In light of this weekend’s march in Ústí nad Labem, and Saturday's violent attack on a Roma family in Vítkov, the government has pledged to do more to stamp out extremism in the Czech Republic. On Monday, outgoing Prime Minister Mirek Topolánek said that the government would employ two key strategies in the fight against extremism: prevention and repression. Earlier today, I spoke to lawyer and expert on extremism Klára Kalibová to ask her whether she thought this would work. Firstly, I asked whether Czech courts should play a more active role in banning extremist rallies:
“No, because I feel that the right to gather in public is a basic democratic right. We should reconcile ourselves to the fact that some gatherings of neo-Nazis are legal. They are legal, but they are not acceptable in a democratic society. So, if there are some neo-Nazi demos, then there should be a response from the democratic society, from the people who are against it, who live in Ústí nad Labem or in any other town, and who want to express their disgust with the neo-Nazi movement.”
Politicians have said in response to this weekend’s activity that new legislation is needed and that something must be done to stamp out extremism. There is talk of new repressive measures to eradicate extremism; do you think that banning far right parties, for example, can prove effective?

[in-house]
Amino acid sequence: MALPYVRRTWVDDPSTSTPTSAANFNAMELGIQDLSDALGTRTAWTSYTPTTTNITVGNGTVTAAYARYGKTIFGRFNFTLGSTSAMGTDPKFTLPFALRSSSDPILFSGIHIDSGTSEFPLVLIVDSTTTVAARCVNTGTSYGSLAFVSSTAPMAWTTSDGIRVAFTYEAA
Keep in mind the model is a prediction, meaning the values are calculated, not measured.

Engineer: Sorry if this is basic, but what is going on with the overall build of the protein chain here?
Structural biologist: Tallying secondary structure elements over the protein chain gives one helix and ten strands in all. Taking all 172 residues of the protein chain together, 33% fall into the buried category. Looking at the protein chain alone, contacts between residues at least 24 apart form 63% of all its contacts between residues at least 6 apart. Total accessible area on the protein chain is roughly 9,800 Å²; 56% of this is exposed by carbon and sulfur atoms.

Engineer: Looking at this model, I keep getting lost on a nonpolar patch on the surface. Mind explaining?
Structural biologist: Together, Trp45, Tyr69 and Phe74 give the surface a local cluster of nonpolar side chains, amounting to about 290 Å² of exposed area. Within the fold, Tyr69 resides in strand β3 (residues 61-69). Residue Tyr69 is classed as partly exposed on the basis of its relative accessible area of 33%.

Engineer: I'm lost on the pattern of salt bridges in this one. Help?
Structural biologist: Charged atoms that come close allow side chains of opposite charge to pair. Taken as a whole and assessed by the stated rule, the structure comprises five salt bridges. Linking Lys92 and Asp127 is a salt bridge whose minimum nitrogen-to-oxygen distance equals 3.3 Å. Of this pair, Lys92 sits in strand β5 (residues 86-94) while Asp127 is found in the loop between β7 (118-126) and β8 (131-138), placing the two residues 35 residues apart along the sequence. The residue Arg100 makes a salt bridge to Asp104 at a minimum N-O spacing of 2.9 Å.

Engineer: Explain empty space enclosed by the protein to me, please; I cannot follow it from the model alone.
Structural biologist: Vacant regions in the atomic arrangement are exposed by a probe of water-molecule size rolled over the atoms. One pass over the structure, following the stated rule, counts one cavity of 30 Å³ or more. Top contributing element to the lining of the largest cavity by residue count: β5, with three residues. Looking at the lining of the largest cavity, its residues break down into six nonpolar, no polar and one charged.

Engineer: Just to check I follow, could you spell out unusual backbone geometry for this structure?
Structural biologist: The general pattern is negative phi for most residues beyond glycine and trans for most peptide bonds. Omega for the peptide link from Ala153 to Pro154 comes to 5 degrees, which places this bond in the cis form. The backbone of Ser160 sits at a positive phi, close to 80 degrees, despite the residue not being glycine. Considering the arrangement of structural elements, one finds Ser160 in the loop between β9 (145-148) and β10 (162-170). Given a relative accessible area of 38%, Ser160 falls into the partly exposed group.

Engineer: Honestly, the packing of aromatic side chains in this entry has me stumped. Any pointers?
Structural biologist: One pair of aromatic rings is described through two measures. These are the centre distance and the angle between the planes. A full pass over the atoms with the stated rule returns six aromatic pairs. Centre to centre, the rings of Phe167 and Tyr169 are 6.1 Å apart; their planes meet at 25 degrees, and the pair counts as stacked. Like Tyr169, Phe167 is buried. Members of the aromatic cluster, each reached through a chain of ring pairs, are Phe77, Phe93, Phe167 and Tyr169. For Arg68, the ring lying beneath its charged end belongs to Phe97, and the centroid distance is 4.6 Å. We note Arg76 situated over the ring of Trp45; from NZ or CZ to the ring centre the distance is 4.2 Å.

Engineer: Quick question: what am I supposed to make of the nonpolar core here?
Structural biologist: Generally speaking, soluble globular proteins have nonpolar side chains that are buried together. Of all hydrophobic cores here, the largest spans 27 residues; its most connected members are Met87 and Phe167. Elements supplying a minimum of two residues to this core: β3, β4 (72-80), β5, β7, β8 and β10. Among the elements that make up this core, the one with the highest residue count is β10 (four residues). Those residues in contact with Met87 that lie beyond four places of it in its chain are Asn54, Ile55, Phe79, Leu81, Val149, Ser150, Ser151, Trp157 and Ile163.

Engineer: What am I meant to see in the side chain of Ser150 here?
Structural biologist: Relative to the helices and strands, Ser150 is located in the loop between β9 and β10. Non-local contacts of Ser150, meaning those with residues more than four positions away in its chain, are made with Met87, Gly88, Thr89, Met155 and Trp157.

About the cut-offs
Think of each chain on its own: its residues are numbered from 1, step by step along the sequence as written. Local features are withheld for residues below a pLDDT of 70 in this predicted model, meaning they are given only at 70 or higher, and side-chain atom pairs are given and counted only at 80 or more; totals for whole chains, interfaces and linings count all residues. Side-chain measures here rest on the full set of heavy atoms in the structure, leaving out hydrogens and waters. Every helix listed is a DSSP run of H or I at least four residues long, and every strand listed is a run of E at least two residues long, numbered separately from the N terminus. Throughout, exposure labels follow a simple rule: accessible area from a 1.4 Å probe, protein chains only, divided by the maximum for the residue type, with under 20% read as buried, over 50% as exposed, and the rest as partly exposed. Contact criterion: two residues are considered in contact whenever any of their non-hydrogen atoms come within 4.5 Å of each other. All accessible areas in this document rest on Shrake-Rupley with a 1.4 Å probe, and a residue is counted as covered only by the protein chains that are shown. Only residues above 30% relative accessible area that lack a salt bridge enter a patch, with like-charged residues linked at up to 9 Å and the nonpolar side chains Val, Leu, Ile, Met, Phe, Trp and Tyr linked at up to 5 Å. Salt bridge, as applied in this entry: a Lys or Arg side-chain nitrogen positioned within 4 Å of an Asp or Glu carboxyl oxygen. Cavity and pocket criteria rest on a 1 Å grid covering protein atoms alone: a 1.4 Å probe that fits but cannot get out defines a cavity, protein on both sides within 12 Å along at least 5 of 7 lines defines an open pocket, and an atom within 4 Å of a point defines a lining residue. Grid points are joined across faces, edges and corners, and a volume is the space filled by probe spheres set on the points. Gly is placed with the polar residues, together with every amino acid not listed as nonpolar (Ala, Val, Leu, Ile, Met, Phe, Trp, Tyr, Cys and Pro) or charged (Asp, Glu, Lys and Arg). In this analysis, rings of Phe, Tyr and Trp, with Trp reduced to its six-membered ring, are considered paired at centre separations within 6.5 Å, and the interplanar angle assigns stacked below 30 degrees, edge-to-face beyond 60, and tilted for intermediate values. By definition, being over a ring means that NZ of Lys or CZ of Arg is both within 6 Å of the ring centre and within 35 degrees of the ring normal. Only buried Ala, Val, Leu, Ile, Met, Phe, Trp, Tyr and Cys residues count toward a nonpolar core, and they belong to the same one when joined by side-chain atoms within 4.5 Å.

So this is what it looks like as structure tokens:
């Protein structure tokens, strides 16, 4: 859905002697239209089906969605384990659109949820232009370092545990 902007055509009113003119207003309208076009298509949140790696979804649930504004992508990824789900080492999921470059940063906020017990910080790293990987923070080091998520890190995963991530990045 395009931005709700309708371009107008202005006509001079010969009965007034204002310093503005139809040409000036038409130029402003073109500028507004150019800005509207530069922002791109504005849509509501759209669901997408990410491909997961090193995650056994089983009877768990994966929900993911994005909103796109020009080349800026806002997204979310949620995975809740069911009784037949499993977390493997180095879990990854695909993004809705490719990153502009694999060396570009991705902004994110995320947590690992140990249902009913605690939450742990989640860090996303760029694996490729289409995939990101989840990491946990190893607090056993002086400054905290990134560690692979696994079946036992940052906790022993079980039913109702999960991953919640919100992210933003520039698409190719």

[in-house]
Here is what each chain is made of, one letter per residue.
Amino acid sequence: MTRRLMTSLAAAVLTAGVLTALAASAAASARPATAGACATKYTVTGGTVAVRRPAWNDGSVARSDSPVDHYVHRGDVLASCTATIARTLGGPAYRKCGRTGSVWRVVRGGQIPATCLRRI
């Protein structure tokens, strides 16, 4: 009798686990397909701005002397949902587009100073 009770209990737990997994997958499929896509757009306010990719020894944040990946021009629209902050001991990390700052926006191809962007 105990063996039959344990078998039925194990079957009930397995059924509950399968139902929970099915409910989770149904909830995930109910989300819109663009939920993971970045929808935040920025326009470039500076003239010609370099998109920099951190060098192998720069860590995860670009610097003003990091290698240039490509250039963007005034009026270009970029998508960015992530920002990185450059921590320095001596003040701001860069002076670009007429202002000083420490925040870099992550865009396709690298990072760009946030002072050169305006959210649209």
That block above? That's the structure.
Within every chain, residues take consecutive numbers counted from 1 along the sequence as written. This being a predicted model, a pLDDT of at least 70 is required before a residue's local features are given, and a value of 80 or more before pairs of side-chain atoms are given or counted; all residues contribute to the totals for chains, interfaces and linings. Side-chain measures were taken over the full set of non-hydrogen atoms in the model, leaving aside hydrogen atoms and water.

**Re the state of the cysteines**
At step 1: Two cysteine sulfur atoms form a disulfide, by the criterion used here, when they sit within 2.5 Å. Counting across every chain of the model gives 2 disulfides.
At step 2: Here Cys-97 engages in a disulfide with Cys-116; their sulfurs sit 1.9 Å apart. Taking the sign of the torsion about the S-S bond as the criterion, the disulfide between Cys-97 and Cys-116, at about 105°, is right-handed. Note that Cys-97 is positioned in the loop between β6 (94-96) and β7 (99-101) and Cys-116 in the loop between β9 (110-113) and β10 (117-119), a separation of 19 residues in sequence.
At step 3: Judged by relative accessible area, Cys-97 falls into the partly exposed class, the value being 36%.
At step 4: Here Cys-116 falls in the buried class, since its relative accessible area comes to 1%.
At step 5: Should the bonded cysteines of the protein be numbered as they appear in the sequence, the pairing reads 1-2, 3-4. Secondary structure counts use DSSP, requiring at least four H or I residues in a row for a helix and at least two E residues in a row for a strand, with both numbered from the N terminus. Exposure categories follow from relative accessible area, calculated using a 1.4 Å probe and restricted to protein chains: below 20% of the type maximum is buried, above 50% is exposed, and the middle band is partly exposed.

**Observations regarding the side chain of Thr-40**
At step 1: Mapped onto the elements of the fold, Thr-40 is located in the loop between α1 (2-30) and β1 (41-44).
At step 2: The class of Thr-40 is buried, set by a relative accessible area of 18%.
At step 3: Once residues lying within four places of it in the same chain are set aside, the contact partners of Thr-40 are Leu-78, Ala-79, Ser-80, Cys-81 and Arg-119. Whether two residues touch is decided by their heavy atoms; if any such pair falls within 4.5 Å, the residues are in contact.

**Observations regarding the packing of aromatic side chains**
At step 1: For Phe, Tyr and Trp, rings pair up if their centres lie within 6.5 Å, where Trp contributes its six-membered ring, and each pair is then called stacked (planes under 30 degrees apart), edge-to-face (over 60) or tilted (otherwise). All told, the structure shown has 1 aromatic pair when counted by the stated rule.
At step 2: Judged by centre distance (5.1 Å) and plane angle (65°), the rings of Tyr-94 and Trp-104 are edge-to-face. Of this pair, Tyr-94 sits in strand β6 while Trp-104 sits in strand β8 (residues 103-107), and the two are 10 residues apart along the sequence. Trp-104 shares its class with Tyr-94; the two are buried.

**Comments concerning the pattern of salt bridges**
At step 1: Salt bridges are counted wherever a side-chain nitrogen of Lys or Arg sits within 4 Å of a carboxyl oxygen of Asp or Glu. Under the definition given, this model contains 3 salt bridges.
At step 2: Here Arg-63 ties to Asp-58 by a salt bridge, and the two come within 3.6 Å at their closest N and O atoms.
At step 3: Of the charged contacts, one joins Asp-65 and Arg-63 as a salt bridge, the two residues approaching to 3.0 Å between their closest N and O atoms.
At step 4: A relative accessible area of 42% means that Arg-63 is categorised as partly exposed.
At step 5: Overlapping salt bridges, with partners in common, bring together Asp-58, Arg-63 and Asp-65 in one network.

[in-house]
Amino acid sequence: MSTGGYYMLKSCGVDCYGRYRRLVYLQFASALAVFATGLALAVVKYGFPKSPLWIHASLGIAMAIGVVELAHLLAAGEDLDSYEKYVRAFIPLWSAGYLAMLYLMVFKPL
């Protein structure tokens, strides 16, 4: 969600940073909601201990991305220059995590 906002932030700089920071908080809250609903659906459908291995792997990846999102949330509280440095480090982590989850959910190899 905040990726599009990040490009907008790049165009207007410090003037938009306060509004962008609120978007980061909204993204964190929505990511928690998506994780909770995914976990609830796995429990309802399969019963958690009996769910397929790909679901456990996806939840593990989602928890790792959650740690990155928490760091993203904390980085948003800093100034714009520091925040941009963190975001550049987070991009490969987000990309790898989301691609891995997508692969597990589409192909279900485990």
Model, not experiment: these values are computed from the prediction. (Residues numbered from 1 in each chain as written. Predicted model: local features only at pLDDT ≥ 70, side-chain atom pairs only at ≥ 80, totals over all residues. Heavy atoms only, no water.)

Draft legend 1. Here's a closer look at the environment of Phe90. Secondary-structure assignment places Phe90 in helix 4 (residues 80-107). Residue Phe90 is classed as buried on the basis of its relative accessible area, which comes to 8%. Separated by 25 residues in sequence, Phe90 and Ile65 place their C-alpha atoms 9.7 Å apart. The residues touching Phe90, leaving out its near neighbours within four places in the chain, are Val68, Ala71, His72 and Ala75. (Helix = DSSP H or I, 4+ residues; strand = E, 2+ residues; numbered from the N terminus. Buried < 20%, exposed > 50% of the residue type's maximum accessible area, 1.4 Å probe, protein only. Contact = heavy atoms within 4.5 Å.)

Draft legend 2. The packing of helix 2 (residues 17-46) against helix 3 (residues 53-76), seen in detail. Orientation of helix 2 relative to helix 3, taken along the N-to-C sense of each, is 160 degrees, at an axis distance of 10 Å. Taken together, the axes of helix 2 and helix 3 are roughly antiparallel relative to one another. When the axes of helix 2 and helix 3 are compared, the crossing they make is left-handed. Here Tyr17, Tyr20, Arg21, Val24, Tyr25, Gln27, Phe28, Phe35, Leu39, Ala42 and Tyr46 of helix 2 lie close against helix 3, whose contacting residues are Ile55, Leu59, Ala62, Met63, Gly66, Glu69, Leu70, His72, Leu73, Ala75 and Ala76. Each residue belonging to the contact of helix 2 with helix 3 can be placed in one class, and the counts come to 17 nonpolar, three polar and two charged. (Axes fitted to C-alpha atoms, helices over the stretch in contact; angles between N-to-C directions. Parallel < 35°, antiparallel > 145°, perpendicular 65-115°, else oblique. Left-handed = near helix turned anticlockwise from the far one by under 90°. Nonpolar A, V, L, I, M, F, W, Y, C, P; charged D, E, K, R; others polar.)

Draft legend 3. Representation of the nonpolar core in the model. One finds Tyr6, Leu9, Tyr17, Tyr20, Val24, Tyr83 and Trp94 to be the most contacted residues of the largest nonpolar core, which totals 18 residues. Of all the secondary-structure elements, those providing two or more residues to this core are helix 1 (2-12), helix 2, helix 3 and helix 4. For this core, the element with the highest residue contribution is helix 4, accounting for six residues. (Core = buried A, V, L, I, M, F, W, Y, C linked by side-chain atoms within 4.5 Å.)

“We don’t need legislative changes; we need a change in practice. We need a change in the Interior Ministry and its agenda, we need a change in local authorities and their agenda. Because there was an attempt to ban the Workers’ Party already, but the lawsuit which was brought by the Interior Ministry was incredibly bad – there was nothing, no evidence, no legal argument, nothing.”
You say the Interior Ministry needs to change its approach, what should its new approach be?
“They should admit that they have got it wrong, that there is something wrong. That the situation is very serious. Because we are talking about violent groups attacking people in the streets, preaching hate in the streets, violent groups who are able to organize demonstrations and riots every fortnight. Then the Interior Ministry should focus itself on the prosecution of leaders of the Czech neo-Nazi movement and of those who are attacking not only Roma people, but also left-wing people who stand against the neo-Nazi movement.”
The other main strand of the government’s suggestions to stamp out extremism in the Czech Republic is prevention. What do you think can be done to stop people from becoming more extreme in their political views?
“Well, the issue of prevention is not about how not to become an
extremist, but it is about how to become more tolerant. Because we need
young people, who feel that it is normal to stand up to neo-Nazism - we
need for them to feel that it is normal to understand other people and feel
at ease in a multicultural society as well.”